Over those next few months he found that life as a normal, non-miraculous person was not always so bad.

Sometimes, she called him. Once, it was just after he and his mother were leaving the opera and Angeline watched his face light up, animated like it hadn't been in years. She wondered who he was talking to: she was smart enough to know it wasn't his wife. But she was so glad to have her son back that, when he finally put away his phone, she didn't ask him a single question.

All she said was, "I always loved the blind garden in St. Stephen's. It's such a lovely idea."

"Yes," said Artemis, aware that his mother had heard his plans to meet his caller there the next evening. He braced himself for the grilling. When it never came, he added, "It's one of the few gardens which is just as lovely after dark."

Angeline nodded, smiling up at him.

Next to him on the bench, the smells of the newly budding blind garden surrounding them, she fidgeted. "Well?" she asked.

"I— I didn't think it was possible," he replied, still in a state of shock.

"Neither did I."

"Will it hurt you? Will it be dangerous for you?"

"No one's sure. Your guess is as good as anyone's. Possibly better."

He accepted this with a nod. "Is this why you took the job at Tara?" he asked.

"No, I took that before I knew. I thought it would be nice... if you were interested, I mean... Tara's much closer to the surface."

He chuckled. "Yes, it certainly is."

He looked down at her. "Are you alright?" he asked.

She nodded. "Yes," she said without hesitation, "I am. I'm... glad actually. Frond, I'm thrilled." She looked away from him and out towards the dark garden.

He smiled. "Me too," he told her and leaned down to kiss her.

Six months later:

He was still in Dublin. He and his mother were having tea at his apartment. She was chattering happily about Myles' latest award, his first one for a literary effort, and Artemis hated to ruin the mood. It was, however, high time to tell her.

"Mother," he began when she paused for breath, "I'm getting a divorce."

Angeline looked up, startled. "Artemis. Oh, darling. Dear, are you sure?"

He nodded.

"Well, I suppose I'm not surprised." Her blue eyes grew sad. "As long as you're happier that way."

"I am."

She reached across the table and took his hand.

"Truly, Mother, I'm happier this way."

She smiled at him and tried for cheery nonchalance. "Well, at least Beckett's engaged now. I suppose I'll get grandchildren one way or another."

"Actually, Mother, I've been meaning to tell you..." And he smiled.

Nine months later:

She was dripping wet, her breaths still coming in great, heaving gasps. He hovered at a distance, the wrath of the nurses not the only thing keeping him at bay. Sweat ran down from his hair and seeped under his shirt; he ran a hand under the damp cotton of his rumpled collar. But his fingers were trembling and he couldn't smooth his collar down.

The room was stark, all off-white and chrome-coloured machinery. Even in her hospital gown, she was the most vibrant thing in it. The whole world seemed to spin around her as she gasped and strained, so bright and alive, the only clear point on the globe. Artemis felt as though he had been much like this room - a stark, off-white limbo - until she had come back to breathe life into him once more.

A bundle was put in his arms, something soft and warm and impossibly small. And then suddenly they were alone.

In the vacuum left by the nurses, he could hear the erratic beat of her heart, still racing in her chest. Or perhaps that was his heart. He wasn't sure. He wanted to look down, to examine his baby inch by miraculous inch, but it frightened him to look away from her.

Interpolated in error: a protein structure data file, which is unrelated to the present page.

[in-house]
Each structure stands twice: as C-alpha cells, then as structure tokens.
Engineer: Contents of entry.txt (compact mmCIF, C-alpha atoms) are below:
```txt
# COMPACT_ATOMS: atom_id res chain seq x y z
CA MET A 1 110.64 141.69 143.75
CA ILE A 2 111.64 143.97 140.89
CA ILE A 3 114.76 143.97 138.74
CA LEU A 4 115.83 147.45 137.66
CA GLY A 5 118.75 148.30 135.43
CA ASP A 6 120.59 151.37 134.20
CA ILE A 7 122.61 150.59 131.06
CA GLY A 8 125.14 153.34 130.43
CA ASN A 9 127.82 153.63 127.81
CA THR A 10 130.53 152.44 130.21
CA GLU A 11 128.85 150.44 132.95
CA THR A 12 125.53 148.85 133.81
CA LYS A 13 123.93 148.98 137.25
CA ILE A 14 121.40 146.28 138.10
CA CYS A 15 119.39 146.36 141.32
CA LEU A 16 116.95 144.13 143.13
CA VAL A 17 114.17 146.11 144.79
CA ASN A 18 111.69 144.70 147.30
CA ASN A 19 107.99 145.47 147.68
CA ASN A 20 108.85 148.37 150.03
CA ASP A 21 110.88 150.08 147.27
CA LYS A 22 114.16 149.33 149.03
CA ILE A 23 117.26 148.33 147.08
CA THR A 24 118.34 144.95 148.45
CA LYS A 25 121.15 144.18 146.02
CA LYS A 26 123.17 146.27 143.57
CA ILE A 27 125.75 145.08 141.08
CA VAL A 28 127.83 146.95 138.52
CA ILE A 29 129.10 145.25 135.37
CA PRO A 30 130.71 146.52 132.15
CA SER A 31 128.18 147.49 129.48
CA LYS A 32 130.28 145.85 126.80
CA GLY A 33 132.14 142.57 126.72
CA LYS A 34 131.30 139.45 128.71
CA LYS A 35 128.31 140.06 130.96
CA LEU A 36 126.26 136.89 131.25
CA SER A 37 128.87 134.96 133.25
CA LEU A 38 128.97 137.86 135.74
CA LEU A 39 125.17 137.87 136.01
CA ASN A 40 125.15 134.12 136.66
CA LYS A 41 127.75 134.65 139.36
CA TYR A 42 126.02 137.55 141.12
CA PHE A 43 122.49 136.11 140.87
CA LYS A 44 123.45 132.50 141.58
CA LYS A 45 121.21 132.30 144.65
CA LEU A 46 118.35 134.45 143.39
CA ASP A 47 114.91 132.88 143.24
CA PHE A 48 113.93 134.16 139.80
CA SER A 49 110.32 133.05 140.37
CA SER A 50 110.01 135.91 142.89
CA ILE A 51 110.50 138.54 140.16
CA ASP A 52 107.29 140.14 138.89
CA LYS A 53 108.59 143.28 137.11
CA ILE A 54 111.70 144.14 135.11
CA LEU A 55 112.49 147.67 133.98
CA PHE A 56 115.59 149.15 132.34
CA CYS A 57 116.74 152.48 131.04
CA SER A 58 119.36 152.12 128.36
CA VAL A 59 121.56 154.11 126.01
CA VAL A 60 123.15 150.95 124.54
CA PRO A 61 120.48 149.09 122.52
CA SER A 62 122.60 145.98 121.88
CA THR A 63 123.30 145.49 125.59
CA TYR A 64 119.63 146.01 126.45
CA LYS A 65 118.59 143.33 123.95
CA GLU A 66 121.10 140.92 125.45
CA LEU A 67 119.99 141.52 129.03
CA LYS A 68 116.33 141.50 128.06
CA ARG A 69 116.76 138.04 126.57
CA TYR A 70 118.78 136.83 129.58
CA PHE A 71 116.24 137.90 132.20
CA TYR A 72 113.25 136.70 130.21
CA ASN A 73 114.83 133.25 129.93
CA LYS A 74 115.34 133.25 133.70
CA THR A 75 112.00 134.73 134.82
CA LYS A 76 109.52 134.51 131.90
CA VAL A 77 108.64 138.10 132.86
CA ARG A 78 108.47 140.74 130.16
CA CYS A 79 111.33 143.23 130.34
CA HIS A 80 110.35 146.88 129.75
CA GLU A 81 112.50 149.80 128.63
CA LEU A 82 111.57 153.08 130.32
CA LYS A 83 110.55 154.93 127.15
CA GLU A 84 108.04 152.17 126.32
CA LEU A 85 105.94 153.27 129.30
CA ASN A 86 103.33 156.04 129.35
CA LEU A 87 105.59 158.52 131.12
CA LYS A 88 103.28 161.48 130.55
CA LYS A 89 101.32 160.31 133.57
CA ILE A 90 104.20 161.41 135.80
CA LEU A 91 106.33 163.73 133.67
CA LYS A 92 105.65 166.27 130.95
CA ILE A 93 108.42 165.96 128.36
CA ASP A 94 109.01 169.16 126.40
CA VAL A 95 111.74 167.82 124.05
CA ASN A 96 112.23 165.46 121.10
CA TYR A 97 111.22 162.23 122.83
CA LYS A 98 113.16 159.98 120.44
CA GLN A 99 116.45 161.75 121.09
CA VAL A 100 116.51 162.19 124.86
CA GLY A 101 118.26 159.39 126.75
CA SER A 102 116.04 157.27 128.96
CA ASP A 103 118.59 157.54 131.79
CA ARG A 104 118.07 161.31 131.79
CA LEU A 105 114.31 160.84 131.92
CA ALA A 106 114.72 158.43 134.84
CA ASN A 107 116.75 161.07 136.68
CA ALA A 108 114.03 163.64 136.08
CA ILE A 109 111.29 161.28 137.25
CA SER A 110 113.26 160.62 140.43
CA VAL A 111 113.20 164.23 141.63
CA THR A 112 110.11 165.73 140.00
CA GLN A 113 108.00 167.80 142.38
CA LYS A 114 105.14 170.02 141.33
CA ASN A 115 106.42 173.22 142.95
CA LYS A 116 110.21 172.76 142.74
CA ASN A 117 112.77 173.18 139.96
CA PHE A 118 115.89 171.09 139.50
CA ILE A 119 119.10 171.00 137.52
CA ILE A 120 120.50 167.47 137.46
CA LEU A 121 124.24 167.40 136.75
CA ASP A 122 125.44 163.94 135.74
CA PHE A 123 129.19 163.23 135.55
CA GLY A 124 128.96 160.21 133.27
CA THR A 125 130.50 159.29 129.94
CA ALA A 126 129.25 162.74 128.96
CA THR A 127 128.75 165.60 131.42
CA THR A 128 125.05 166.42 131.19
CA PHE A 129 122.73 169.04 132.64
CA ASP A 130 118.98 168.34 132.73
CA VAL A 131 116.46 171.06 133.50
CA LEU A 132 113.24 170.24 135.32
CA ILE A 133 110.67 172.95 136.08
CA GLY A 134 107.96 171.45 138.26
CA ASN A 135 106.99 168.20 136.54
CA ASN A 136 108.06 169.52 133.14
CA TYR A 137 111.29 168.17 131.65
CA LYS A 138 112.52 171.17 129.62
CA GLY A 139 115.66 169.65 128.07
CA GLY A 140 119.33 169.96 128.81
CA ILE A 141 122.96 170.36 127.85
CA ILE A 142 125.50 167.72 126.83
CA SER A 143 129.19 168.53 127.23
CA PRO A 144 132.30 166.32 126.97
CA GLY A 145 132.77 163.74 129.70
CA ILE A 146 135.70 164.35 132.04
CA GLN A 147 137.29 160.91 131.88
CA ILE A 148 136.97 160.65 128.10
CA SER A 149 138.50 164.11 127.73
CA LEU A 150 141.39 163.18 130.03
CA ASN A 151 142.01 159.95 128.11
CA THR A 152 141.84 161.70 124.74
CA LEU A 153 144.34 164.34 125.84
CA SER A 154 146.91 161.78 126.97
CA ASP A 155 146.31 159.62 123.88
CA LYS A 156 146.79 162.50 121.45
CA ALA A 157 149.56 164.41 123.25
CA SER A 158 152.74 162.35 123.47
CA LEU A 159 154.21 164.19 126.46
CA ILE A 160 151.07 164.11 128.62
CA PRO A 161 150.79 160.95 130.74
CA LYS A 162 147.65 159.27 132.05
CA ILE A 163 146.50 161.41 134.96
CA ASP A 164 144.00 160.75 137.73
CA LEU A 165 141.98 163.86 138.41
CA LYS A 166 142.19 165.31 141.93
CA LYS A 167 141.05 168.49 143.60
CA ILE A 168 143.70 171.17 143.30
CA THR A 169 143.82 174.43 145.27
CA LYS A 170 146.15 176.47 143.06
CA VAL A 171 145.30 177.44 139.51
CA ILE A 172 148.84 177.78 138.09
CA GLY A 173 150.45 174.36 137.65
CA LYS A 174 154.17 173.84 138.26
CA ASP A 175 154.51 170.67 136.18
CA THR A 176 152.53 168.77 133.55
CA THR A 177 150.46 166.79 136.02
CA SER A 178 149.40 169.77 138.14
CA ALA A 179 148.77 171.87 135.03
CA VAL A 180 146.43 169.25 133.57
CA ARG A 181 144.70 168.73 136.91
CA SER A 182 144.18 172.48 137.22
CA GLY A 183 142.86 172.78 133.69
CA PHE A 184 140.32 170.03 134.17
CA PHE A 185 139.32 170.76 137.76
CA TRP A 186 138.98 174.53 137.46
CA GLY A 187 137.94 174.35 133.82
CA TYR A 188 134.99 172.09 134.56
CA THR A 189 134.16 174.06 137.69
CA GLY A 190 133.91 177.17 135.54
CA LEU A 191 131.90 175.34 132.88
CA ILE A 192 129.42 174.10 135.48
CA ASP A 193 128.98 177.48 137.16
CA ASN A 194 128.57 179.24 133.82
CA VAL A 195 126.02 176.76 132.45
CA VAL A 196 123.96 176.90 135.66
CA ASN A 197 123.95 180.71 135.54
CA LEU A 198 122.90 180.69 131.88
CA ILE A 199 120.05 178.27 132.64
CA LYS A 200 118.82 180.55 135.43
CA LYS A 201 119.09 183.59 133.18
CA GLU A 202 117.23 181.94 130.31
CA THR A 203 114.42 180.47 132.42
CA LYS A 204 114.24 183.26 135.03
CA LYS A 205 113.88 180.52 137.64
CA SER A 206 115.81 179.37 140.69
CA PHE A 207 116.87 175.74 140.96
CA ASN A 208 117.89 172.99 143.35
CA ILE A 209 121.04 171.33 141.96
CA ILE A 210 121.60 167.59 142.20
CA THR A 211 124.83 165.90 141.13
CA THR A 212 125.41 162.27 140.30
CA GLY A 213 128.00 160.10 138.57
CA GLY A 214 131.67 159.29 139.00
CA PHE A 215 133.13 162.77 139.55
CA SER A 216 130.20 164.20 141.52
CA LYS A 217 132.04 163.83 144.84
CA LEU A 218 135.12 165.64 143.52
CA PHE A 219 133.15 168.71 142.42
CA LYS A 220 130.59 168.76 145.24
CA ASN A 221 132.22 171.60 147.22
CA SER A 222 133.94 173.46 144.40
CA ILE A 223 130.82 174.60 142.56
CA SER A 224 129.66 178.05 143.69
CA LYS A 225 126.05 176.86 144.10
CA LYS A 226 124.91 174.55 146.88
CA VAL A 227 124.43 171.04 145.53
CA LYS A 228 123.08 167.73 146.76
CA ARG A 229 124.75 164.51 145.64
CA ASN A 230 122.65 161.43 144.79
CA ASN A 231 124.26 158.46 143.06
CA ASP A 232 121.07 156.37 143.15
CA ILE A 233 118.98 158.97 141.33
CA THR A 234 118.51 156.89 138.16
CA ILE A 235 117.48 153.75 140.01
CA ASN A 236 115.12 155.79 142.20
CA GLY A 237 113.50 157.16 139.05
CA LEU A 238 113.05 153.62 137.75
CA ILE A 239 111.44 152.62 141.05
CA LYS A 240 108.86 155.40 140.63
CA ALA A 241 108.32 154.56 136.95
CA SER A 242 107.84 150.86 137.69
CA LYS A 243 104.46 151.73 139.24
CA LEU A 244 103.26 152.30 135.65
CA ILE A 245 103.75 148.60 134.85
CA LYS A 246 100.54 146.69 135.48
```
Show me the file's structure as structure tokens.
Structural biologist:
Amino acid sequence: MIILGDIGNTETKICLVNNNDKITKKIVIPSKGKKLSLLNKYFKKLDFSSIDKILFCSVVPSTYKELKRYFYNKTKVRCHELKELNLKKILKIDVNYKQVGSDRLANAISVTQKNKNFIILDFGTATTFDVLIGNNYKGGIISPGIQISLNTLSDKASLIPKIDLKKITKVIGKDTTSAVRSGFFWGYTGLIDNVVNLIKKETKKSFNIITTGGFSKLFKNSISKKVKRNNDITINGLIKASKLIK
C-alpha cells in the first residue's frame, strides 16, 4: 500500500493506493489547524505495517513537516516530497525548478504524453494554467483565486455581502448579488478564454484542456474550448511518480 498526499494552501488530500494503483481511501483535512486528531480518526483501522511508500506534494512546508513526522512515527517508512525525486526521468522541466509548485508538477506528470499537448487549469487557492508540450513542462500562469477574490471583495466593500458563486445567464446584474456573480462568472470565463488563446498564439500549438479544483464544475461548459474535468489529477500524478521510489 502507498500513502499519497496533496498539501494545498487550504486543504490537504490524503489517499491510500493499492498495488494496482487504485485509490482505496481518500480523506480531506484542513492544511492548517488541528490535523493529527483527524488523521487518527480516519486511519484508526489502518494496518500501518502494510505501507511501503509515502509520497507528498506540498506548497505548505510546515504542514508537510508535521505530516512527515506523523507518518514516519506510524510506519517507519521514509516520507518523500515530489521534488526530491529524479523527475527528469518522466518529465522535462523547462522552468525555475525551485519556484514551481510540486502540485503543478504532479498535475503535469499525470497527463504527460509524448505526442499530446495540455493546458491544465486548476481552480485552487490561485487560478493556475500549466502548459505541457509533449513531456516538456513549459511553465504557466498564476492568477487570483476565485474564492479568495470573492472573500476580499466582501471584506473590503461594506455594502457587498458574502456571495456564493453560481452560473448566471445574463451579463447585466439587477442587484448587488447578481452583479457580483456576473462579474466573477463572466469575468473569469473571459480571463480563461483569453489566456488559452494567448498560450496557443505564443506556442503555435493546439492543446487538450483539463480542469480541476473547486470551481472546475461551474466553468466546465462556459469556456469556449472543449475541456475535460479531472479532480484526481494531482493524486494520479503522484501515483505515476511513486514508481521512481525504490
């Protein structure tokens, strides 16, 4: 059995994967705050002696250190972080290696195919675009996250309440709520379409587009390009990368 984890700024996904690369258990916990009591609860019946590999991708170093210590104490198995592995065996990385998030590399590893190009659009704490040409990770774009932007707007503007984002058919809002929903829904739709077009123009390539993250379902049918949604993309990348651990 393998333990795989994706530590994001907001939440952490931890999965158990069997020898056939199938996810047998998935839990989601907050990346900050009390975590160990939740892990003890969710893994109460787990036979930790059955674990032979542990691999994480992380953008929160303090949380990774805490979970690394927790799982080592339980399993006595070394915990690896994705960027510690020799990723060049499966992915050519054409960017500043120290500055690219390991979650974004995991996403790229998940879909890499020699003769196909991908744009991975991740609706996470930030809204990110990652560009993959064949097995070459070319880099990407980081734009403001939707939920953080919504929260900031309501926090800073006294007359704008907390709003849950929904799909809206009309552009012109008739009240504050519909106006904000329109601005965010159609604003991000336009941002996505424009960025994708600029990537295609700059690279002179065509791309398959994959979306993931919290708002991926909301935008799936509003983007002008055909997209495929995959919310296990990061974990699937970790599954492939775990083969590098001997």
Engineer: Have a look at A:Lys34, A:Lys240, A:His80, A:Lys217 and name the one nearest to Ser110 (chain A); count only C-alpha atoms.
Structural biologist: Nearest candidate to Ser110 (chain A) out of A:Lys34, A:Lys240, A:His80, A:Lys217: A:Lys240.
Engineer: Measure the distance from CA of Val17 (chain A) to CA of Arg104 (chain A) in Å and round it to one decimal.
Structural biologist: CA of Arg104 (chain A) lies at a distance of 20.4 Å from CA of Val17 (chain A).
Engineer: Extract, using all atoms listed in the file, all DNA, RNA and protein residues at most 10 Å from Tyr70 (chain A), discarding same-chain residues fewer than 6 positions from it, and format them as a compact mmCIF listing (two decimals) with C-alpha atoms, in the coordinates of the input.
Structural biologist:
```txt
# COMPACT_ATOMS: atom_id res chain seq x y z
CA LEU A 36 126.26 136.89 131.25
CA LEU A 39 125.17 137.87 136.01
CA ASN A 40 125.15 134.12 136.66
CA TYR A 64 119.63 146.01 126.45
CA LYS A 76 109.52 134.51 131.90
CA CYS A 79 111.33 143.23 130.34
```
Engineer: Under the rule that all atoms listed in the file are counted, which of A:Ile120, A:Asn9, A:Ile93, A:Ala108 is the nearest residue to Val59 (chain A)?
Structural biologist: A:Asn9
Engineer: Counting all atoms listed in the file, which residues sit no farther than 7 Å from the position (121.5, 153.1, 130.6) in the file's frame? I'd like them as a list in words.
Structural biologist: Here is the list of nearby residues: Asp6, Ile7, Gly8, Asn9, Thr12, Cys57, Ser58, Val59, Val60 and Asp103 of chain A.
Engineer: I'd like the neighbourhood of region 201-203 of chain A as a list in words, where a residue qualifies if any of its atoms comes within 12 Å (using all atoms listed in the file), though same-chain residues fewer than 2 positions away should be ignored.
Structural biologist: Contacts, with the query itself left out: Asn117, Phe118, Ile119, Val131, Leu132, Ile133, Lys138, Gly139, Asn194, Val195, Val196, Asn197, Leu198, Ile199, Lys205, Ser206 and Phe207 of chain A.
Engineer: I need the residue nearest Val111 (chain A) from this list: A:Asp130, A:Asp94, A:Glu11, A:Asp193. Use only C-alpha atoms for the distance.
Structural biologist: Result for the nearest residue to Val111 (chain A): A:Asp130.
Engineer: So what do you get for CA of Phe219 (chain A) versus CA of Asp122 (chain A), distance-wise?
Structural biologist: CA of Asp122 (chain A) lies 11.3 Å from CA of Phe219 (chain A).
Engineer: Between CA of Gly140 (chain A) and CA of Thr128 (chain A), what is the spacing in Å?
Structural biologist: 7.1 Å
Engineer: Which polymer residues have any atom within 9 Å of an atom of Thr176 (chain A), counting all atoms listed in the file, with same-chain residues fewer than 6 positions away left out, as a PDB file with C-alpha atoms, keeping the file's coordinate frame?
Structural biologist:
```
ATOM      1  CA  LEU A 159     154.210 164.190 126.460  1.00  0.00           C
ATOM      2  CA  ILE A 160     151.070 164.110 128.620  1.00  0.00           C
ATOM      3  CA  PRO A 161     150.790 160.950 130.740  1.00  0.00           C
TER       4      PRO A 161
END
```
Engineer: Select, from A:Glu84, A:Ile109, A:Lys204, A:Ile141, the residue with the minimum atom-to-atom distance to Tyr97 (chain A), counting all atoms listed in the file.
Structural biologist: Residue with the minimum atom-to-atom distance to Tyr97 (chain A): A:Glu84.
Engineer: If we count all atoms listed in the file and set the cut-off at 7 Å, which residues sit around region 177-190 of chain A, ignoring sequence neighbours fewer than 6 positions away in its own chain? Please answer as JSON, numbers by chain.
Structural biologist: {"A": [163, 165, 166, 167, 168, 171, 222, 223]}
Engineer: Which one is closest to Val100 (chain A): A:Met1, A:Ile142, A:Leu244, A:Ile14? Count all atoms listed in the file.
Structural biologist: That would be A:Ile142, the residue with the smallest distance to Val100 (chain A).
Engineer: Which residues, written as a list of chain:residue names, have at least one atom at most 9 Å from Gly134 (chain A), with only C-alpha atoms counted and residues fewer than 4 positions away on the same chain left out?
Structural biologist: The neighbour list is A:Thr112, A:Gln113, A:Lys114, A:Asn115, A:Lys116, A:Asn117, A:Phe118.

The sweat on her arms and neck reflected the lights above them and the blood was still high in her cheeks, the red of it welling like the spark of life, shockingly bright in that off-white room. She leaned back on her pillows, her eyes heavy-lidded with exhaustion. From under her dark lashes they watched him; unfathomable.

Slowly, he crossed the room and came to stand next to the bed. "She's a girl," he said, repeating what the nurses had told him, knowing he should say something.

"I noticed," she replied, a languid smile curling across her face like smoke.

"She's got your hair," he tried again, still unable to properly compute what was happening to him.

"Like you wanted."

"Yes," he whispered. He looked down at his child and she looked back up at him, dark blue eyes blinking owlishly in the bright lights. Anything else he'd had to say was lost.

"Give me our baby, Fowl." She reached out her arms to him. He wanted to lay himself in them; he wanted to bury himself in them and emerge red and bright as well, never to be lost again.

Instead he did as she asked. She took the child and shifted over as far as she could on the narrow bed, making space for him. As she pulled down the shoulder of her gown to nurse the baby he arranged himself beside her as best he was able.

"Are you alright, Artemis?" Holly asked. She ran her hand over his damp hair and rumpled collar. She was used to being sweaty and tired, but he wasn't.

He nodded mutely and laid his head on her shoulder, kissing the skin beneath his lips. "This is incredible," he said after a moment. "This is a miracle."

Though he couldn't see her, she was watching him watch the baby; her eyes were soft, and slightly dreamy, and altogether loving. After a moment, she smiled. "Well, miracles have always been our speciality."

As Holly turned back to the baby, Artemis looked up at her. He look at her and he was once more the genius, the wunderkind, the miracle, the near immortal that he had been in his youth. For gods and monsters do not exist unless there is someone to believe that they do; they are forever at the mercy of others and it is a balancing act between the believed and the believer that makes the miracle.

The End